Judicial relentlessness

In her modest apartment in Clichy-sous-Bois, Israa Snabi does not know how to cope with the absence of the father of her three boys. The last one will be 2 years old on December 5th. Over and over again, she repeats that she does not understand why her husband suffered such legal harassment and such severe sentences. Algerian lawyers stressed that he had been prosecuted for “two offenses for the same act”, had no record and that the court should consider his navigation error as a mitigating circumstance. Nothing happened.

“Is it because he is also Moroccan that he is in prison? », asks Israa Snabi, in reference to the diplomatic tensions between Algiers and Rabat for two years. Born in Beni Drar, near Oujda, not far from the Algerian border, Ismail Snabi arrived in France “at the age of 6 months”, according to his older brother, Jamal, who was able to visit him in prison several times. times. “This summer, he returned to Morocco with his French passport. He does not have a Moroccan passport. It’s a Frenchman who is currently imprisoned,” recalls Israa Snabi.

In the four written judgments that Le Monde was able to consult, Ismail Snabi is presented as a “binational” residing in both Morocco and France. “That’s not true, he lives in Clichy-sous-Bois,” corrects Israa Snabi. She herself, of Algerian origin, had to apply for an Algerian passport to be able to visit her husband. “My visa application was refused with my French papers,” she explains with annoyance. “Our father was even born in Algeria in 1951,” emphasizes Jamal Snabi.

According to his relatives, Ismail Snabi shares his cell with around twenty people. “He told me that he sometimes sleeps on the floor,” sighs his wife. Today he is not well. He has lost around twenty kilos, although he is a bit “bouboule”. It’s even his nickname. I will do everything to get him out. »

“France does nothing”

Israa Snabi wrote to Catherine Colonna, the Minister of Foreign Affairs, to be received. A request that remained unanswered: “I went to the Quai d’Orsay twice with my children,” she assures, “but I was unable to see anyone. » The mother also sent a letter to Emmanuel Macron, who replied to her, on November 17, through his chief of staff, Rodrigue Furcy: “Attentive to your approach, I did not fail to remind your expectations [to Ms. Colonna] that I had previously captured. » “Yes, but France does nothing,” she summarizes. My husband did not even receive a visit from the consul in prison. »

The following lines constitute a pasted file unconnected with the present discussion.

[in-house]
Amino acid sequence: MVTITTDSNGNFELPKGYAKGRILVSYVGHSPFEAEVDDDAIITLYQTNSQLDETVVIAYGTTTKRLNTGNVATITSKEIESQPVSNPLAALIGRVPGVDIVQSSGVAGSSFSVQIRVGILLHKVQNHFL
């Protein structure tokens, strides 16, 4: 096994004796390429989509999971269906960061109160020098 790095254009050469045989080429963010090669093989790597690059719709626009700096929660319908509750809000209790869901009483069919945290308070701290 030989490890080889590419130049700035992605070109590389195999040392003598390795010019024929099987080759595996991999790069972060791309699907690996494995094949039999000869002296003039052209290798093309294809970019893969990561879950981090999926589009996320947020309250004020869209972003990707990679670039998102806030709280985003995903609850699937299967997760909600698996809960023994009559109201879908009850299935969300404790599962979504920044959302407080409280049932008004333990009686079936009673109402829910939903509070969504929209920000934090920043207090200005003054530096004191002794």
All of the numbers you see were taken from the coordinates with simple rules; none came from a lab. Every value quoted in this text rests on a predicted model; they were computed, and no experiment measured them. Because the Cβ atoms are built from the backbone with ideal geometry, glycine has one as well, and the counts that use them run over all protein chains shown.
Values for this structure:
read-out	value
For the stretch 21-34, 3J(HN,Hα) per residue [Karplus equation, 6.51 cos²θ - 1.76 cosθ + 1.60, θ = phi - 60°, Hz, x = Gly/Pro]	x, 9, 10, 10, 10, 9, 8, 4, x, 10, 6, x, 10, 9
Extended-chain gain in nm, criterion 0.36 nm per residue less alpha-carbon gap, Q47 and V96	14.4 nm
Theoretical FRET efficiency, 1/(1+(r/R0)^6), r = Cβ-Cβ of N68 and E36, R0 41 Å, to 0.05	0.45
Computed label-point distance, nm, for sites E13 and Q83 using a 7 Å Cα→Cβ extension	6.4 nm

Asked by Le Monde, a diplomatic source assures that “the services of the Ministry of Europe and Foreign Affairs are carefully monitoring the situation of Mr. Snabi, in close collaboration with his family. As part of the consular protection that any French person detained abroad can benefit from, several requests have been sent to the competent authorities so that our national can benefit from a consular visit.

Israa Snabi is demanding the release of her husband and for France, their country, to become more involved. She has just hired a lawyer to “have him repatriated so that he can serve his sentence as close as possible to us,” she says discouraged. But just saying this sentence hurts me since he didn’t do anything. He got lost at sea, that happens. »

Israa Snabi wants to soon organize a rally in front of the mayor of Clichy-sous-Bois “so that we don’t forget her”.